LISTENING FOR TONE
Source of Poems:
"Jabberwocky" by Lewis Carroll
"Ay, Ay, Ay de la Grifa Negra" by Julia de Burgos, on Favorite Poem Project Video
The lesson, which focuses on vocal renderings of poems, will:
1. Have students listen to Glaisma Perez-Silva's reading in Spanish of "Ay, Ay, Ay de la Grifa Negra" on the Favorite Poem Project Video (you'll have to forward the segment to the point where she reads in Spanish). The first time they will simply listen to the sound of the words. The second time, they will write as they listen, guessing what the reader may be saying, what the poem may be about, listening closely to her voice and to the sounds of the words. (If there are Spanish-speakers in the class, they can write a reflection about some of the more powerful lines in the poem).
2. Discussion - how can we tell what words might mean even if we have no idea what they are saying? Introduce thinking about tone, sound, inflection .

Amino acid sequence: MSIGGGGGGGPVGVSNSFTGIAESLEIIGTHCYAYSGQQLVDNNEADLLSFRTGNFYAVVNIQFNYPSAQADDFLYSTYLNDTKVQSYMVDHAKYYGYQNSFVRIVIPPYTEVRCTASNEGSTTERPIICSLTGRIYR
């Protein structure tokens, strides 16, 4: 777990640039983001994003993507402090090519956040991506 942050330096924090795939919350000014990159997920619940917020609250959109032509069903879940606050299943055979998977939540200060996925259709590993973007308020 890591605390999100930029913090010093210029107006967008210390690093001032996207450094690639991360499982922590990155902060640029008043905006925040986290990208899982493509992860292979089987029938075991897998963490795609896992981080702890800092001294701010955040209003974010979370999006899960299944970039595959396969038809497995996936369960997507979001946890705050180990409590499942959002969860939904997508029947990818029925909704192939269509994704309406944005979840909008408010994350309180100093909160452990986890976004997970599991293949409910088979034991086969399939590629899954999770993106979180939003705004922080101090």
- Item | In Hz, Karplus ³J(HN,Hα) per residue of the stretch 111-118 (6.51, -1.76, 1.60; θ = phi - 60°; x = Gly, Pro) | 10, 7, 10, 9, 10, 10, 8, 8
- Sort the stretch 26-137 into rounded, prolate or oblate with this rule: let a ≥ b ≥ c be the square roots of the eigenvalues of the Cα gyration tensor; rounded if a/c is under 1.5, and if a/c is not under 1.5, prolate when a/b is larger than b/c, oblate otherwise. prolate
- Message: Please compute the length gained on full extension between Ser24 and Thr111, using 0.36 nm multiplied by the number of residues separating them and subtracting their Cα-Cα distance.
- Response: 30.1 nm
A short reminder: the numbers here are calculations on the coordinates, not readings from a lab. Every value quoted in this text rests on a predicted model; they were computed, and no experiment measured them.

3. Have one student read "Jabberwocky" aloud. Repeat exercise, having students (in groups) define the nonsense words in context based upon their sounds and placement within sentences and insert "synonyms."
4. Have students share their "new" Jabberwocky poems, where the nonsense words are replaced with words in English. How do the groups' poems differ? Do they all have the same tone?
5. Discussion - tone and choice in students' lives: Do students speak differently when they are in different social situations? How can we read people by the tone of their voice? Why is this important?
1. Use lesson to segue to Beowulf or Canterbury Tales where students can use the skills they have developed to explore potentially daunting material.
Lesson by Cari Barbour, Arcadia High School, Arcadia, CA